If you were ever involved with Cub Scouts, chances are you had the Pinewood Derby experience wherein you built your own miniature car, painted it and raced it against other Scouts in your region.
My car didn’t win a thing, but being involved in an actual race was quite a thrill. Hey, I was 9. And if you share a similar childhood memory, Akasha Brewing has just the thing: the Pintwood Derby, which will happen Sunday, Jan. 24.
Just imagine your childhood Pinewood Derby, but with craft beer. Not bad, eh?
Here’s how it works: Any local business, club or organization can sponsor a car in the Akasha Pintwood Derby for a mere $20. The sponsor then builds and decorates its own car from a kit supplied by Akasha, and the top three finishers receive monetary donations for a charity of their choosing based on the total amount of the entry fees. Winners also get a commemorative trophy.
The idea for Pintwood Derby came from Paul Young’s own experience with Scouts.
“I thought this would be a fun idea for local businesses,” says Young, who coordinates events for Askasha. “I wanted to do a twist on an old concept.”
Akasha is teaming up with Louisville Independent Business Alliance (LIBA) for the derby, which Young hopes will become an annual event. In addition, expect at least one, maybe two, food trucks, and possibly guest beers from other local breweries such as Monnik Beer Co. Young has been organizing special events on Sundays at Akasha, from local brewing history to game nights to movie screenings.
“That little pocket of NuLu is not very active on Sundays, so we wanted to do something to help draw people over to us,” he says.
Competitors for each heat will be randomly drawn, with double elimination, and races will continue in elimination fashion until the top three remain. Donation prizes will be 50 percent of entry fees for first place, 30 percent for second place and 20 percent for third place.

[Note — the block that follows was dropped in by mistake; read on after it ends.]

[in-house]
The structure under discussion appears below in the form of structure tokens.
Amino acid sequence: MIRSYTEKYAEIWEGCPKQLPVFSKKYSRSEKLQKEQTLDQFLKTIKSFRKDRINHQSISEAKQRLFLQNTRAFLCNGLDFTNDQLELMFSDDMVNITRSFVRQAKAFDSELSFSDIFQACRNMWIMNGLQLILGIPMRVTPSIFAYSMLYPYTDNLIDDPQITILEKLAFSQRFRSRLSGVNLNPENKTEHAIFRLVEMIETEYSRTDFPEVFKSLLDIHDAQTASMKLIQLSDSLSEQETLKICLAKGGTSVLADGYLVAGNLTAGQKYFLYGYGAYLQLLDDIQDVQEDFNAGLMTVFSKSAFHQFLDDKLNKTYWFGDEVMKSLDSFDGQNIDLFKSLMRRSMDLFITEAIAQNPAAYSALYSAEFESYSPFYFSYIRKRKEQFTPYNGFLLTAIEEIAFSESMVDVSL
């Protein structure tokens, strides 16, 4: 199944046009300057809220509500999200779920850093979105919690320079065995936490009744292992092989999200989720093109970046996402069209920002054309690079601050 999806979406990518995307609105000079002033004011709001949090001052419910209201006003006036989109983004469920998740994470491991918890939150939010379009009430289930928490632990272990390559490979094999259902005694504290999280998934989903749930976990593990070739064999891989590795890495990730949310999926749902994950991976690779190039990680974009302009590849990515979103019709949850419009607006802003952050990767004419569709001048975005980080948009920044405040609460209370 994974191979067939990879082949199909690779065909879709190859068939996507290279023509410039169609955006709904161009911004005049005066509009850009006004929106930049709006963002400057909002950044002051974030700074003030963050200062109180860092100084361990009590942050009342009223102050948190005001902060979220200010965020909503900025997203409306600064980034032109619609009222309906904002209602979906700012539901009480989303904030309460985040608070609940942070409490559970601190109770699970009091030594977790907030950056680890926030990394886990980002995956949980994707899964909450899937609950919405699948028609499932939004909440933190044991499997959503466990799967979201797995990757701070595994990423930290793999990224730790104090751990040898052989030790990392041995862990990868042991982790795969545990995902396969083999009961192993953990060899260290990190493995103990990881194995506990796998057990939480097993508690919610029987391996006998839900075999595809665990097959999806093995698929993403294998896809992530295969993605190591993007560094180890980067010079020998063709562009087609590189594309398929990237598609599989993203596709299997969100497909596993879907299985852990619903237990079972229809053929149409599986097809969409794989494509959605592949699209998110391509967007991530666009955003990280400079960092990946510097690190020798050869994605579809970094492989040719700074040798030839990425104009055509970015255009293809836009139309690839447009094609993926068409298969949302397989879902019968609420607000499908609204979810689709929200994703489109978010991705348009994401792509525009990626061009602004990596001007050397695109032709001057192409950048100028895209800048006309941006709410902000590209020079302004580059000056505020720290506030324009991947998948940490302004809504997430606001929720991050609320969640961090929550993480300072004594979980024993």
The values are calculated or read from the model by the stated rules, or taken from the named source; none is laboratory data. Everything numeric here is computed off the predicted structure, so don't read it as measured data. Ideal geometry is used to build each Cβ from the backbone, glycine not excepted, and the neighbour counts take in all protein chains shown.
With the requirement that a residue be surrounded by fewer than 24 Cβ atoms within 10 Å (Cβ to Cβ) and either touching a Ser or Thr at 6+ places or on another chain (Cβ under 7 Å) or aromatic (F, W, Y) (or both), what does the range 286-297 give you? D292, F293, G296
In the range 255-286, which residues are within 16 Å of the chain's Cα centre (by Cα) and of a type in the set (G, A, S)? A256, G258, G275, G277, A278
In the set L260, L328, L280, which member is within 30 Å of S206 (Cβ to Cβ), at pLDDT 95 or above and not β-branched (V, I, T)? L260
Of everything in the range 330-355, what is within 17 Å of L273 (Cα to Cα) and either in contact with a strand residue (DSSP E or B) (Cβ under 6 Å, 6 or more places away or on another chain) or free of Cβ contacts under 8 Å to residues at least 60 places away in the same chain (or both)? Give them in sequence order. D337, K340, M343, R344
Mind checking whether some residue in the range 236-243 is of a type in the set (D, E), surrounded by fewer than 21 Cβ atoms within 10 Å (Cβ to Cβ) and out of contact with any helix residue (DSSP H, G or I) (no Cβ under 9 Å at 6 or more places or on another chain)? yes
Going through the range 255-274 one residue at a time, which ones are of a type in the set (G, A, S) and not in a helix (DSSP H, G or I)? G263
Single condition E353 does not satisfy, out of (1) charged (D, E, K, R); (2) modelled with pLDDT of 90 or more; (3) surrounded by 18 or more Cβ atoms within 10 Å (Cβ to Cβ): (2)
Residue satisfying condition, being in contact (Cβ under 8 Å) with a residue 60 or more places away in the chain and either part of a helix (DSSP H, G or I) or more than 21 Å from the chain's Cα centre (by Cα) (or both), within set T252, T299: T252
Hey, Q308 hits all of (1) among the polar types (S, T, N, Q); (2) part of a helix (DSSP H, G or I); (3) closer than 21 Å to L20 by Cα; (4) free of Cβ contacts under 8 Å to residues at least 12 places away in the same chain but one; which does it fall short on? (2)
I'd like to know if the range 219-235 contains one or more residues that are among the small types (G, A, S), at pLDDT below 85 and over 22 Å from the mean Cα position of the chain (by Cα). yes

The entry deadline is Friday, Jan. 15, and teams are responsible for bringing their own cars to the Pintwood Derby. Teams may design their cars however they like, but each car’s weight must not exceed 5 ounces, the overall width of the car should not exceed 2¾ inches, and the overall length of the car should not exceed 7 inches (they must be able to fit on a standard Pinewood Derby track).
As far as modifications, entrants can modify as much or as little as they want. The Pinewood Derby car kits come race-ready other than paint and/or decals. Of course, there are ways to make the cars faster, if an organization wants to get competitive.
“I think it’s more about making the car part of the organization’s identity,” Young says. “If they want to do faster cars, there are probably people they could talk to in engineering who might know more about the aerodynamics. I think the main focus is to have fun and make a car that is identifiable to their organization; really, beyond that, people can shape it however they like it.”
Young, who previously owned and operated My Old Kentucky Home Brew, now works at both Akasha and Monnik. He wanted to remain active in the local beer scene, and he’s carved out a new niche.
“I spent seven years selling hypothetical beer, so it’s really nice to be able to say, ‘Here, taste this,’” he says.
Akasha is located at 909 E. Market St. in NuLu; doors will open at 1 p.m. on the 24th, with races beginning at 2 p.m. To enter or for more information, contact Young at firstname.lastname@example.org. Entries should include the following information: business, club or organization name; street address (for car kit delivery); phone number; email address, and charity.